Should You Borrow From Your 401k?
401(k) loan does not appear on your credit report.
The interest on these loans is some of the lowest out there—right now, 3-4 percent.
You’re paying yourself the interest, not some bank.
You’ll get your money more quickly than a home equity loan.
Since it’s a loan, you will not be charged the 10 percent early withdrawal penalties plus income taxes you would have to pay if you withdrew the money.
You don’t have to qualify for the loan because in effect, you are the lender.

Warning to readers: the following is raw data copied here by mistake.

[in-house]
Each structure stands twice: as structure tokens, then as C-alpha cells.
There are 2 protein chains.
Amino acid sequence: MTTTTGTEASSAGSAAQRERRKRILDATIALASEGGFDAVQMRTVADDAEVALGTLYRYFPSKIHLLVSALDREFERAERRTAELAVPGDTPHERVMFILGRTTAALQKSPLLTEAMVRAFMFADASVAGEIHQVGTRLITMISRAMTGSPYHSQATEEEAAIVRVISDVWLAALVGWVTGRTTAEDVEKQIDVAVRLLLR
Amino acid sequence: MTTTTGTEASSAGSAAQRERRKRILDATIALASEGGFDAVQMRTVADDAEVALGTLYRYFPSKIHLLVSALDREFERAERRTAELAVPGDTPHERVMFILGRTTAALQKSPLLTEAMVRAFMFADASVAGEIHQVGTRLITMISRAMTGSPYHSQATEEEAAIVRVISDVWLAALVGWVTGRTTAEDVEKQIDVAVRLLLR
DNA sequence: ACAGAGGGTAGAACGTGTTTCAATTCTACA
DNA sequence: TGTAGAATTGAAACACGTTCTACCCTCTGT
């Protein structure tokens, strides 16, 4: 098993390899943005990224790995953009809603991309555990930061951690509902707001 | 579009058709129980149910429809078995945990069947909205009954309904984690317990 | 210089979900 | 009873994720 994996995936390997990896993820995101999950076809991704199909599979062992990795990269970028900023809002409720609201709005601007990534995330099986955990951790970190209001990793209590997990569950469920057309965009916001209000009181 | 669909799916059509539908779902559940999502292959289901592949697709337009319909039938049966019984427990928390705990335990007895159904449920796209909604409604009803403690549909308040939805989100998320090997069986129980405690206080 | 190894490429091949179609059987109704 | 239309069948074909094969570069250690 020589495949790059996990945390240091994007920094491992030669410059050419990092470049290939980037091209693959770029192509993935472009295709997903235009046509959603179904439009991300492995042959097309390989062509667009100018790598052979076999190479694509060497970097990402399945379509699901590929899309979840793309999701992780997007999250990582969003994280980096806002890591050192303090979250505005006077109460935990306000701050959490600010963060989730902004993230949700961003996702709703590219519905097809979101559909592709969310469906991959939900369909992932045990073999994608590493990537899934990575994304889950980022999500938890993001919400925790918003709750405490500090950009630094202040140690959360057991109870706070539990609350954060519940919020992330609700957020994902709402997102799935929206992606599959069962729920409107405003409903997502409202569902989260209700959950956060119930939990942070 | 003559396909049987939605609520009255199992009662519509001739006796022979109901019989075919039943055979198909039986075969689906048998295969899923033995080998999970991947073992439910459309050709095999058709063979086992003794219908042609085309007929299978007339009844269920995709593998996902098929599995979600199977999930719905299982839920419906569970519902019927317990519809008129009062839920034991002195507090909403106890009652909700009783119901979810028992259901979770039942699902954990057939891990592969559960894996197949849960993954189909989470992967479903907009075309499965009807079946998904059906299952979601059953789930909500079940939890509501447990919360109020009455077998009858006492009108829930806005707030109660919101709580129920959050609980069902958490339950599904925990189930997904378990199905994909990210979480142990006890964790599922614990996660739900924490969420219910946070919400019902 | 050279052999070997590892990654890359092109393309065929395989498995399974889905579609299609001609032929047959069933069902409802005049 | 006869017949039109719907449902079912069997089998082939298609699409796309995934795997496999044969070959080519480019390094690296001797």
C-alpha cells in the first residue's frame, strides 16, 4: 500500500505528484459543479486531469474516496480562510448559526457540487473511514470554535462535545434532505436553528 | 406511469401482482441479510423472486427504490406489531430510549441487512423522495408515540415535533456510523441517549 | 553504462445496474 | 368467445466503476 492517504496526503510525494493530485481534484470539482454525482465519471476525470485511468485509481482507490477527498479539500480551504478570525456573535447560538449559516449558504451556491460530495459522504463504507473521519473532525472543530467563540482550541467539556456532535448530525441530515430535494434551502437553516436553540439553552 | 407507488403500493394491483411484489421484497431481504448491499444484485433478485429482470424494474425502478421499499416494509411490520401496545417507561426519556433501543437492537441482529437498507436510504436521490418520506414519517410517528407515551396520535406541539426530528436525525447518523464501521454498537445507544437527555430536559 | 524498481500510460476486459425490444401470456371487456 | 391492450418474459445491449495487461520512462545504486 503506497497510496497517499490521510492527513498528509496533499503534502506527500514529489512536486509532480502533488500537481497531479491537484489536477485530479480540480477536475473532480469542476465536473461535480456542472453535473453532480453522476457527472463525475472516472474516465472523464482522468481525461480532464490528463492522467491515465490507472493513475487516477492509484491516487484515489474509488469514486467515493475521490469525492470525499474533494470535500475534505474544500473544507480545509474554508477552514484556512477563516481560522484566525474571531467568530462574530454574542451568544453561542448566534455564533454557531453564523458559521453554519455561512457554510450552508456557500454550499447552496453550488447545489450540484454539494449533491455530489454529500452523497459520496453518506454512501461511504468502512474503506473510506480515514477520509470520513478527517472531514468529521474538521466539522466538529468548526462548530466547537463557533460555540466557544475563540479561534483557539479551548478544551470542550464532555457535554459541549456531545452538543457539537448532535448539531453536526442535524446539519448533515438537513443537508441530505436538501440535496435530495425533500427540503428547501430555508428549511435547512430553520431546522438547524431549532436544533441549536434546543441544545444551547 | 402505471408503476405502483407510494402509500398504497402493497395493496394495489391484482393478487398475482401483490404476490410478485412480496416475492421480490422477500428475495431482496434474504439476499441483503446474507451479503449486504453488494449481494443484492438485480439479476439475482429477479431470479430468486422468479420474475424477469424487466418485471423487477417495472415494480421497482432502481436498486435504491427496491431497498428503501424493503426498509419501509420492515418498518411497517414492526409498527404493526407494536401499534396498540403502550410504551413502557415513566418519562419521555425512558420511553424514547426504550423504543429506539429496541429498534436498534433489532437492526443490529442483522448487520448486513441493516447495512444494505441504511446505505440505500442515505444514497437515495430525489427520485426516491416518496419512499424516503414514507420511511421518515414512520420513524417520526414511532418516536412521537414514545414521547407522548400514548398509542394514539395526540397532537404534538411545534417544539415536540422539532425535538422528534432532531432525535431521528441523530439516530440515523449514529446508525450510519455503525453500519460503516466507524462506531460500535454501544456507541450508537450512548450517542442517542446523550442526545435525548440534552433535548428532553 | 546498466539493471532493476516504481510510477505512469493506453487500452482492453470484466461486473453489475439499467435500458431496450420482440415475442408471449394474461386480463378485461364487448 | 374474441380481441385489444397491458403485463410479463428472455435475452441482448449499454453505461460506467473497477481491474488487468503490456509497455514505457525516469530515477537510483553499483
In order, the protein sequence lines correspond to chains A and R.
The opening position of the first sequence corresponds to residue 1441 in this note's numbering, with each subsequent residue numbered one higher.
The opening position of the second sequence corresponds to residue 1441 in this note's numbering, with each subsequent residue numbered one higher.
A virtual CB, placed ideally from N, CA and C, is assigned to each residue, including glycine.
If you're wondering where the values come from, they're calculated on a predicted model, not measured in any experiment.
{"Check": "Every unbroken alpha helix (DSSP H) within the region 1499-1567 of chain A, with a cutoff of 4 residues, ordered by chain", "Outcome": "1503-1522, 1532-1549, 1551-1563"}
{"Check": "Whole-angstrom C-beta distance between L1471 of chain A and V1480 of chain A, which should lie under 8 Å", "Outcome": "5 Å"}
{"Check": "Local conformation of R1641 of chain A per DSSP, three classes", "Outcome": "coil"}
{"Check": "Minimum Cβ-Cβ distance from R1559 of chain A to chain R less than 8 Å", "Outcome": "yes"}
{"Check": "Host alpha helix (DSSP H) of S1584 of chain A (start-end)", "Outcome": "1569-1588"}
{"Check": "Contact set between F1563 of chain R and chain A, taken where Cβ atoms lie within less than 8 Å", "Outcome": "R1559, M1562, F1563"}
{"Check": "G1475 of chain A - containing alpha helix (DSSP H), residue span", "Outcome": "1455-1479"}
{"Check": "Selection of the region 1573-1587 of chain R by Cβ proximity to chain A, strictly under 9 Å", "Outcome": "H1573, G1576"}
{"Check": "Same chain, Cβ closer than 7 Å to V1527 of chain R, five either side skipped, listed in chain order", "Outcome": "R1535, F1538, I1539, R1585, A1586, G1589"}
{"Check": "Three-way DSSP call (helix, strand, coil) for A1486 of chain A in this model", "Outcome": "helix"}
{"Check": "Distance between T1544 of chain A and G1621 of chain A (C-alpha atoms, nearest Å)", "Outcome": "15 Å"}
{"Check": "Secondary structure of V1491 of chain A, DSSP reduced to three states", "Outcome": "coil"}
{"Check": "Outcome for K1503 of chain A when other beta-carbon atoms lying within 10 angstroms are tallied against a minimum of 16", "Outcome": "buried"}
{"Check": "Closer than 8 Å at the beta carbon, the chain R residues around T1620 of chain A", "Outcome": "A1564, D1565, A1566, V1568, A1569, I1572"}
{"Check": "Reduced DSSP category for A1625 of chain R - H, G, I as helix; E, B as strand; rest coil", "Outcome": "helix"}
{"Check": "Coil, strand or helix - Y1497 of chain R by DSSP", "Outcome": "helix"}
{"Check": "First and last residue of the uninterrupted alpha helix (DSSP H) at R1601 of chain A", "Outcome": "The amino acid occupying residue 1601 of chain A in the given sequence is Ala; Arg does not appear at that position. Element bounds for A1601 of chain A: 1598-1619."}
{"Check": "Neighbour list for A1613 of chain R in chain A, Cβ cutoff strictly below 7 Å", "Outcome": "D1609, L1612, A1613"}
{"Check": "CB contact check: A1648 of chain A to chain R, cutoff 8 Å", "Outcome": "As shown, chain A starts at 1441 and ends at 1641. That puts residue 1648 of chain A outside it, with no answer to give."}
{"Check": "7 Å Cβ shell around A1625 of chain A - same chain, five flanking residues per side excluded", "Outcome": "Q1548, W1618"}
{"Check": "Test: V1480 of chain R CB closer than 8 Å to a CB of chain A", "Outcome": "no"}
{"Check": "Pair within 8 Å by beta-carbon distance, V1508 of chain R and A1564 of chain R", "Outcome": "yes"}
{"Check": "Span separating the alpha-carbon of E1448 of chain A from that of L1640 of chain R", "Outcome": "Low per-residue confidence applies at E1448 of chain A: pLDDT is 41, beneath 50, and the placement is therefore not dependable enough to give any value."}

No assets or collateral are needed to secure the loan.
You are forfeiting the accrued interest you would earn if your money stayed in the 401(k).
The interest is not tax deductible.
Some plans do not allow contributions to the 401(k) for the period of the loan.
If you lose or quit your job, the loan is often due in full in 30-60 days (although some plans are open to renegotiating the terms of the loan. Find out before you sign the papers.)
If you default on the loan, it is considered a withdrawal and you will owe a 10 percent penalty plus a hefty tax payment.